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Rashi Goel

Keep improving what you are uniquely good at

Keep improving what you are uniquely good at
Reading Time: 5 minutes

The more I polish my India Playbook tinted spectacles, the more I spot Category of One businesses around me. Today’s newsletter shares three local privately owned businesses that unbeknownst to them, have become category of one.

That’s the thing. Most category of one businesses are not trying to be anything.

They find one thing they are uniquely good at and keep improving at it day in and day out. Decade in-decade out.

That’s it. That’s the twenty-word secret formula.

Keep improving what you are uniquely good at

This is what it looks like in action.

Prince Chaat Corner: world famous in G.K.1

Prince Chaat Corner started in 1965 as a pan1 shop.2 It then bought the shop next door and expanded to chaat.

Its Palak ki Chaat (Spinach fritters chaat) is its best seller. It has kept up with the times and now sells gol gappas3 with mineral water.

Its website says they have served 17 million customers and 21.8 million plates of chaat. Assume each plate costs Rs.140/- that’s Rs.305 crores ($36.7 million) topline. (It’s unclear if this counter is for 59 years or just last year).

picture of Prince Pan and Chaat Corner

To put this in context, McDonald’s 2013 revenue was Rs.2,200 crores ($265 million).

Not bad for a family-owned business.

But I digress. It’s not about scale. A category of one business can be $1 million, or it can be $100 billion. Regardless of size, a category of one business builds such a formidable moat that no other business can even consider taking it on.

Location. Location. Location. That’s the moat here. Prince Chaat Corner was in Greater Kailash 1 (G.K.1) before G.K.1 was the shopping destination where Delhi’s rich and famous devour chaat while their drivers carry lakhs worth of their shopping to the car.

Let’s see the second business.

In G.K.1, turn left from Prince Chaat Corner, walk a few meters and down a steep staircase. You find Roshan Tailors in a basement.

Roshan Tailors: consumer obsession in a basement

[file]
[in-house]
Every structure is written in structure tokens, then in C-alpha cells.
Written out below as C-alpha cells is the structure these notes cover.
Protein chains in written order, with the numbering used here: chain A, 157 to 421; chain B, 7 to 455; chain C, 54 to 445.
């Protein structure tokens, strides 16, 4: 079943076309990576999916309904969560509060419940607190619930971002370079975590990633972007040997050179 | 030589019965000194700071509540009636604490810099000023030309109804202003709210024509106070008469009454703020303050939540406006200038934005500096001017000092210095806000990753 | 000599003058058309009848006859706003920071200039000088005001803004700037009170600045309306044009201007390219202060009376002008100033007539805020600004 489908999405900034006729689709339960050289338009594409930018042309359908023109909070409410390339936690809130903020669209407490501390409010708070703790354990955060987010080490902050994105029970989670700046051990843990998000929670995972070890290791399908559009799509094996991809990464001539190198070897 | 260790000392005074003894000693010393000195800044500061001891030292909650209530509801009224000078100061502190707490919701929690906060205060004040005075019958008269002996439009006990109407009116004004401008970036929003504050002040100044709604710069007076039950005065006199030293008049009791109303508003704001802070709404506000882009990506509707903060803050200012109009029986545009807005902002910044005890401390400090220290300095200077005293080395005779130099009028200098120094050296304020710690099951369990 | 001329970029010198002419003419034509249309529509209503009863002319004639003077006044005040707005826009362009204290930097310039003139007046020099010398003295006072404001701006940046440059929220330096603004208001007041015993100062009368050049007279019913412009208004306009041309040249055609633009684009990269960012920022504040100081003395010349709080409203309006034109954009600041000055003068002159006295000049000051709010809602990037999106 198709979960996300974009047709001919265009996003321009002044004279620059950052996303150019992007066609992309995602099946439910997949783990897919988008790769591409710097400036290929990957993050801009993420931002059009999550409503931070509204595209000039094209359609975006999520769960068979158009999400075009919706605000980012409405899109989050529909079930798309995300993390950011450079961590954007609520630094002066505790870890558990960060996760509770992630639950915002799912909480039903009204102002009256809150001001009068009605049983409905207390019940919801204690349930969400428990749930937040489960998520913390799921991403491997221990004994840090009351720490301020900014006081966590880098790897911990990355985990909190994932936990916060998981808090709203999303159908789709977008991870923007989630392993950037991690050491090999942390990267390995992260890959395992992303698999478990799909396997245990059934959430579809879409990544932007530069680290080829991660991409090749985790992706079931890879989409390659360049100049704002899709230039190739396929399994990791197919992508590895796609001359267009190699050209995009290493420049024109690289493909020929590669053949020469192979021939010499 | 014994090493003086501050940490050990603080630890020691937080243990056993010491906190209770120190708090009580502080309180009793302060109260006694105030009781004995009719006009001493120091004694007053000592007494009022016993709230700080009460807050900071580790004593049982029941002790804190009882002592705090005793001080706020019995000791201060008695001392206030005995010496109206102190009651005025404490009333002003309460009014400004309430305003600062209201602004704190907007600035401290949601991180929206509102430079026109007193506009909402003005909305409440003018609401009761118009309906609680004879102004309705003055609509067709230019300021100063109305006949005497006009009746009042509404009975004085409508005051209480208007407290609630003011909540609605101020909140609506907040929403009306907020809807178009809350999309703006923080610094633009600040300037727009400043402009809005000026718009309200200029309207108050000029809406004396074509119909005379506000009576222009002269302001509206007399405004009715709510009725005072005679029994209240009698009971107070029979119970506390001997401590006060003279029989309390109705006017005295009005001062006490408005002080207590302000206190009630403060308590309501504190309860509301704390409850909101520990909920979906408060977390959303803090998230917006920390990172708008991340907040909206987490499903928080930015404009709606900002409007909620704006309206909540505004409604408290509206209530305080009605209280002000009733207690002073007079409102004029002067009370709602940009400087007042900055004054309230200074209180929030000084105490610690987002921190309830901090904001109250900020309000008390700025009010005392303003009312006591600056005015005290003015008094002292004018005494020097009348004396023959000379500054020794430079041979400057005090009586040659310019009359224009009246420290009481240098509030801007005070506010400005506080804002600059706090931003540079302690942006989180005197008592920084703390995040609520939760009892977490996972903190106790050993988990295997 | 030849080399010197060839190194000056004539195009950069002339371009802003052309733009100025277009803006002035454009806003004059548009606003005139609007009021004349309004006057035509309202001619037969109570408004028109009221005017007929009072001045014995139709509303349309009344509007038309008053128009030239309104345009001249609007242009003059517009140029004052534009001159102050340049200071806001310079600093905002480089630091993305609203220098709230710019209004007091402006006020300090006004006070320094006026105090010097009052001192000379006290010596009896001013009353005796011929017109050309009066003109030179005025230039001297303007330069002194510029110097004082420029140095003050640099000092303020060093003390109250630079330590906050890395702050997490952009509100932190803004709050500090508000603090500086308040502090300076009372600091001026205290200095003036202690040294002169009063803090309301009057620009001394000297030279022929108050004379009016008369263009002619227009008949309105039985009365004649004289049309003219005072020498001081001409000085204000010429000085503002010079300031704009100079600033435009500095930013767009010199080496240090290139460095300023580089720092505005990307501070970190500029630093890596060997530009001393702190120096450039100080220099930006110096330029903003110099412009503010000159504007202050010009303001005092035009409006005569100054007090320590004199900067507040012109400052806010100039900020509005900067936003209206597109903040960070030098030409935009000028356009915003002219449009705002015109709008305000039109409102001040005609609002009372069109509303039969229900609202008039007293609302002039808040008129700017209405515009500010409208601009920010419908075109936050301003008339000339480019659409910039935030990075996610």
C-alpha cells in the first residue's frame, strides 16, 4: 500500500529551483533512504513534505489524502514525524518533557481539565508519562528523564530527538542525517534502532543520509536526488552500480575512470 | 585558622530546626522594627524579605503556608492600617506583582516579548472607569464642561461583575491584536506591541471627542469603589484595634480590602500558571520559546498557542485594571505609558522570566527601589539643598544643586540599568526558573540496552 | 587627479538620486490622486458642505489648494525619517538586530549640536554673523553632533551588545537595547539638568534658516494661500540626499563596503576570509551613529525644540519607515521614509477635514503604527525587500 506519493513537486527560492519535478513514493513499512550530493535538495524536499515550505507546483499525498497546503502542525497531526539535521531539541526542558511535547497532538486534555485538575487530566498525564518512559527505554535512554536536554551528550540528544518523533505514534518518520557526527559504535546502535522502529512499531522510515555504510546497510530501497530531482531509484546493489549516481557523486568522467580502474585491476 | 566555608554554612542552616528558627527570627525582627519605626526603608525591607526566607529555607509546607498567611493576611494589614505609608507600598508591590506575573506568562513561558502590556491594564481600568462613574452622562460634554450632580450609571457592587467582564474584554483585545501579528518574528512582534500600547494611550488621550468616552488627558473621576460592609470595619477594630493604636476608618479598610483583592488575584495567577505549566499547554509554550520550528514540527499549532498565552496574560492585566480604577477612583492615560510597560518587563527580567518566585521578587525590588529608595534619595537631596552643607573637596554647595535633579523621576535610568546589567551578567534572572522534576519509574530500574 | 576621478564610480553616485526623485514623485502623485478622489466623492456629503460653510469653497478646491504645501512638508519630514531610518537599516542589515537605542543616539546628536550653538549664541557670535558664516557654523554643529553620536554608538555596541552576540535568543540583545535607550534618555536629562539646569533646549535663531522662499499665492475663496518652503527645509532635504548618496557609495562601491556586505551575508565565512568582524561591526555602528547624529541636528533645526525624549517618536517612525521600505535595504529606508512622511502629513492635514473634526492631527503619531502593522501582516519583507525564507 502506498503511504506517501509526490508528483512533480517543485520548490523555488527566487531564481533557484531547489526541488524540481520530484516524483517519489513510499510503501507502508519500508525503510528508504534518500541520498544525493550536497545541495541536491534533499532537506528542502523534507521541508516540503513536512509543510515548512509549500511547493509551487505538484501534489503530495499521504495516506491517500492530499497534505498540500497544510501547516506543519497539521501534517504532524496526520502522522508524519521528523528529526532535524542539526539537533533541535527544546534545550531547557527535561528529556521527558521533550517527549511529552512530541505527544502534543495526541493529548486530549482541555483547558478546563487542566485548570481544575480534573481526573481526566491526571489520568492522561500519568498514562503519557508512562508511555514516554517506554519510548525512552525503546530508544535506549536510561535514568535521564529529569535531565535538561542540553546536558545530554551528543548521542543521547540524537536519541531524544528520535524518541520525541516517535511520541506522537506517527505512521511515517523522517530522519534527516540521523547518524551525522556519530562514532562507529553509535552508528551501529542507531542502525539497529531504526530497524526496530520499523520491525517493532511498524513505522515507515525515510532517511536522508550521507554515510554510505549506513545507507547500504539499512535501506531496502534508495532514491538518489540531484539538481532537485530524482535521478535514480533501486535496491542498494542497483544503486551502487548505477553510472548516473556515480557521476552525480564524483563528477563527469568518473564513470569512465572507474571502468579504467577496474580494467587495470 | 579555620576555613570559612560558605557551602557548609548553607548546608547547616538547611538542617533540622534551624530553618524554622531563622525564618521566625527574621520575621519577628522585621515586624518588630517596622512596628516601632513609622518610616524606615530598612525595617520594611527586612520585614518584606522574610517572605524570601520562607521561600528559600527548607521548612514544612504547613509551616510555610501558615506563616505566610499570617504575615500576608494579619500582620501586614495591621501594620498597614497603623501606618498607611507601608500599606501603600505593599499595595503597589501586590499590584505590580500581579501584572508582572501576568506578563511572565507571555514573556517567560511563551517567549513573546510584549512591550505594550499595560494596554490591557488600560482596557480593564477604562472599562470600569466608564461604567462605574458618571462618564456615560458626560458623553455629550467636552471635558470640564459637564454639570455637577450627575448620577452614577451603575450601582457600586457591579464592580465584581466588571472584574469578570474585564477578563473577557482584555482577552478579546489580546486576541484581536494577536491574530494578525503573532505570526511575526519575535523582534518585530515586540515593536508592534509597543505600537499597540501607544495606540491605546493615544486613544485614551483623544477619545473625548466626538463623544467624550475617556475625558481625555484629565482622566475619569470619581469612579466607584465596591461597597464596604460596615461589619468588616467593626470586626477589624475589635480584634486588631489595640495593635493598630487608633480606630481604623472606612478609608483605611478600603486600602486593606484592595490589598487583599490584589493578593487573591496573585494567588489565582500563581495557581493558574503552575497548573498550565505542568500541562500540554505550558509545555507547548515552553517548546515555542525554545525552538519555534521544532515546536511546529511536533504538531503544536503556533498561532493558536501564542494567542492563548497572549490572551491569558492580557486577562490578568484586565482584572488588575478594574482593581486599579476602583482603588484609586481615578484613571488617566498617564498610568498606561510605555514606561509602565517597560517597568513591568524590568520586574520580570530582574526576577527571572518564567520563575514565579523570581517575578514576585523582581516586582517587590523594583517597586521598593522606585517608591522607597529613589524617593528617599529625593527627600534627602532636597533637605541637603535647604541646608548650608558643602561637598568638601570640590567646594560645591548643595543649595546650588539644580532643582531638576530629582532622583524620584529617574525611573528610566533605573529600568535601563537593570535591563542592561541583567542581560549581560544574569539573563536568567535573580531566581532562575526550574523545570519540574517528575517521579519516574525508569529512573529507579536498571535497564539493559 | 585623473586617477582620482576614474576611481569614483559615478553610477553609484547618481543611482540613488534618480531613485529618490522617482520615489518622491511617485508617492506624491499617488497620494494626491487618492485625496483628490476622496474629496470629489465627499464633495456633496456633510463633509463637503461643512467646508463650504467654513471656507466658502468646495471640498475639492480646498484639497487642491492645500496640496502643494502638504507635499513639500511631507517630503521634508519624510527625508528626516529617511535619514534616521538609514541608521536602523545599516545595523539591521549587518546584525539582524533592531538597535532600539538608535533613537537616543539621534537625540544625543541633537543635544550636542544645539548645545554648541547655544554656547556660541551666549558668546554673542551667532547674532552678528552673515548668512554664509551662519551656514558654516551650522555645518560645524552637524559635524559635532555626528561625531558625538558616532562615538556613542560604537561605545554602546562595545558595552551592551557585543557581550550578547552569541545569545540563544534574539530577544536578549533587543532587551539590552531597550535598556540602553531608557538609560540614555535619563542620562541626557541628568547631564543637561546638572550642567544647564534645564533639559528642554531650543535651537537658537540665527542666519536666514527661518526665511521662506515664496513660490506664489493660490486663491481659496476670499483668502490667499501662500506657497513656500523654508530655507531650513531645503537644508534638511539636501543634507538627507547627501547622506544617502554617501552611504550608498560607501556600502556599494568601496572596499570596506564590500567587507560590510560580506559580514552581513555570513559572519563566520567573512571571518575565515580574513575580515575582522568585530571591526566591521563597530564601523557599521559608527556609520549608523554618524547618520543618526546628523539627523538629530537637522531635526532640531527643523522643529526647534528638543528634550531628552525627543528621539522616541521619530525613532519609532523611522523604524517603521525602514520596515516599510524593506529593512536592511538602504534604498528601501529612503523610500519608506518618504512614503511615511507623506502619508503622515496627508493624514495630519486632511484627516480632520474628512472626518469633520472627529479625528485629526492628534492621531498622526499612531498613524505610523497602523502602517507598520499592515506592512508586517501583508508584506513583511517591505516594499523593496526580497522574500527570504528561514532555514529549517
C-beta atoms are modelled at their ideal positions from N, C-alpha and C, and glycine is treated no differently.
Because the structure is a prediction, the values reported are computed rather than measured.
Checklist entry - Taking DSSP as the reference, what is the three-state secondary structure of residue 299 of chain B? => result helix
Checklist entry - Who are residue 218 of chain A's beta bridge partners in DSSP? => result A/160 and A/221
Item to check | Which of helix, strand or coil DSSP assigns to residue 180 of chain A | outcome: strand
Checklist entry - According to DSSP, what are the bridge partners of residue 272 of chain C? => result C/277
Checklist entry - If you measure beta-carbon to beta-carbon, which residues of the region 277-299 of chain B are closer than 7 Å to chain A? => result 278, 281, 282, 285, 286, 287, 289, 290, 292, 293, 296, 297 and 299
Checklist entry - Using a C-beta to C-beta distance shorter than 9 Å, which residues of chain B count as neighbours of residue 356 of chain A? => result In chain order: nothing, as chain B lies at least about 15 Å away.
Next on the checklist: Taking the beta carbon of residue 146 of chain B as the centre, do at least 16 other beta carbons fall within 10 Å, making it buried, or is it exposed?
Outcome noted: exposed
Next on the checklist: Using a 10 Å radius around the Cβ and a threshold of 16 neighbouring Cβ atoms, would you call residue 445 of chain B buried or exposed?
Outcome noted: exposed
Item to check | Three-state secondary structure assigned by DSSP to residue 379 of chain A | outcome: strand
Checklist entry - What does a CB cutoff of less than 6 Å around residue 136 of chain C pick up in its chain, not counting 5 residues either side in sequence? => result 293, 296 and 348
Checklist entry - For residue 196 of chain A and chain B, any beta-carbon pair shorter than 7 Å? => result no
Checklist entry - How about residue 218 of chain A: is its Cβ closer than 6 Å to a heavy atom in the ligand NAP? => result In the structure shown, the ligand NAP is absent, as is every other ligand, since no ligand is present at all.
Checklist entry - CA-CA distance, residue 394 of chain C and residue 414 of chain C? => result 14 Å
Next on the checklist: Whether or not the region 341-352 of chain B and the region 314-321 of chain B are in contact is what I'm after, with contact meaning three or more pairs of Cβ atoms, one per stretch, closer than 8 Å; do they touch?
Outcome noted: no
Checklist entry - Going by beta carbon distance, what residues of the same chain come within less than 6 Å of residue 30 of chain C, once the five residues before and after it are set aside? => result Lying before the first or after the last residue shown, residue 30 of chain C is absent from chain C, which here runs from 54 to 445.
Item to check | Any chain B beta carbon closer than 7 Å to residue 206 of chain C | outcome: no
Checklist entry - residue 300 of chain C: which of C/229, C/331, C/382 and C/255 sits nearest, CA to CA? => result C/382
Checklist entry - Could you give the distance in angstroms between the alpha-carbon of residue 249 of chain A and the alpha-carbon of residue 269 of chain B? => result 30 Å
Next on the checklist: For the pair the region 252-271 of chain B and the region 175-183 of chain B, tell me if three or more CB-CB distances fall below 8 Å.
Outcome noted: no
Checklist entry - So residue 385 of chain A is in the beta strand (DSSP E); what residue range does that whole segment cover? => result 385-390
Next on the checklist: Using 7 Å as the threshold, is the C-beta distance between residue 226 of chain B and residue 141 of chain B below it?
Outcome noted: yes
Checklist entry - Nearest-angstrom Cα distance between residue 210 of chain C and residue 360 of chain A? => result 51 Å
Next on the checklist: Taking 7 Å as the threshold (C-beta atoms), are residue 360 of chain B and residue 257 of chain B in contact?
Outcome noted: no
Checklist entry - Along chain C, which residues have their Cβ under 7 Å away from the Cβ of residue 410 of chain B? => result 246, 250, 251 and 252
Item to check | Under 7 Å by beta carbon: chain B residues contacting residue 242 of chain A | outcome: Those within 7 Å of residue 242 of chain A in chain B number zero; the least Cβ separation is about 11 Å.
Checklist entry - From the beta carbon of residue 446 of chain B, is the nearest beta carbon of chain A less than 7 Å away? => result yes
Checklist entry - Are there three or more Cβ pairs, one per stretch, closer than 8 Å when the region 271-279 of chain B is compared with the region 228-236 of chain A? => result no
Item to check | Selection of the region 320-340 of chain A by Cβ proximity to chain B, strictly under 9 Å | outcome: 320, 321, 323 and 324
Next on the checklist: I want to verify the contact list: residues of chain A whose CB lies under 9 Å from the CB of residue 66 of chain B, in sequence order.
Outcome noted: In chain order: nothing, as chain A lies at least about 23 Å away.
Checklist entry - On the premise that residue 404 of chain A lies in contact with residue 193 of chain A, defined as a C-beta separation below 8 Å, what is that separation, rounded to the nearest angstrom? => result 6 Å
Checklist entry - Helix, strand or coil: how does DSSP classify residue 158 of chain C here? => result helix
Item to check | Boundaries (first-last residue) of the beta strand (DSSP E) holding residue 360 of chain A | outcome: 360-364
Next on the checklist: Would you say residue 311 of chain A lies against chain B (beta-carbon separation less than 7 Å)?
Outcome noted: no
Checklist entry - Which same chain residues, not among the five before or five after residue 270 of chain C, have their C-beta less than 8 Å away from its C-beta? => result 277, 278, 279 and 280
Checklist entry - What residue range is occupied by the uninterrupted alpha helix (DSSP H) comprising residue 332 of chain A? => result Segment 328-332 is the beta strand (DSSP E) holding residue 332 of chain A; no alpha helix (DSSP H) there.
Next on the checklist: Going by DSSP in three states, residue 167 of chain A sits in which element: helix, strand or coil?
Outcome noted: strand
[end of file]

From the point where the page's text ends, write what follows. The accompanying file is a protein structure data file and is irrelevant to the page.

You will see row after row of designer blouses. The narrow corridor is jammed with women hunting for that perfect style and color. They know the tailor will stitch it if they can’t find it.

The moat here is consumer obsession and agility.

Picture of Roshan tailors

I spoke to the owner, and he credited all their success to their consumers. He didn’t think he was doing anything special. All they do, he said, is take requests from women who bring in pictures and samples of blouse designs. He stitches what they want. And within a week, he recreates the same design in many different fabrics.

This gives them an edge in the only thing that’s super important in their category (fashion) – selection and latest styles. And they become a category of one business.

There’s another shop that sells blouses in the same market. That shop has a better location, i.e., it’s not in the basement. And let me tell you, this shop was not swarming with consumers.

Roshan Tailor’s consumer obsession drew women to it like bees to honey.

Neelam Foodland: satiating tastebuds in ten countries

This is a category of one business because of its entrepreneurial spirit.

In my corporate job, the sales team ensured I visited Neelam Foodland whenever I went for market visits in Mumbai. It’s every food salesperson’s gold standard.

Neelam started in 1980 and has kept pace with the times. They have an online ordering system in India and ten countries. They have gone beyond traditional flavors and have innovated 10-20 new flavors of khakhra and bakarwadi.4

Picture of Neelam Foodland

These are just three examples. There are millions of small businesses all over the world that have become legends and attract thousands of buyers daily – that BBQ grill master in Texas, that pizza with hot honey in NYC, that dosa corner in Bangalore, or that Galouti kebab in a dingy alley in Lucknow.

What do they do different? They don’t walk up and down the same calf paths.

The moral of the story

The most common calf path? Our obsession with global domination and scale has made business an Olympic-level sport. Unicorn valuations somersault and funding winters tumble down with a speed that makes Simone Biles blush. Investors sprint to be the first to back promising startups, leaving Usain Bolt squinting through dust while tying his shoelaces.

But there is a different kind of sport. A one-person race. A multi-decade-long marathon of one.

These businesses don’t hire consultants from McKinsey. Instead, they focus on the one thing they know they do well. And they keep doing it again and again. Over time, they become so famous, so good at what they do, and so valuable that they don’t need to go to consumers. Consumers come to them.

Be the only. Play the ‘category of one’ game.

Thanks for reading!



For my readers in the west, Paan is eaten after meals. It is a mouth freshener and has digestive properties. It’s made of betel leaf with fillings of various mouth fresheners. Read about it here.


Chaat is Indian street food. Its main element is fried – hash browns like potatoes or fried chips, which are then smothered in a lot of sweet-spicy-tangy sauces, chickpeas, and curd. Watch this short video to see what it is.


Another kind of chaat. Also called Paanipuri. Fried balls of dough that are hollowed out and filled with sweet-spicy liquid and eaten in one go.


My readers in the West – just come to India to try all these snacks. (Nikki and Holly, I’m talking to you). Until then, here’s a description of flavor bombs that should be experienced instead. What is Kakhra. What is bakarwadi.

p.s.Watch this IG reel on Neelam Foodland here.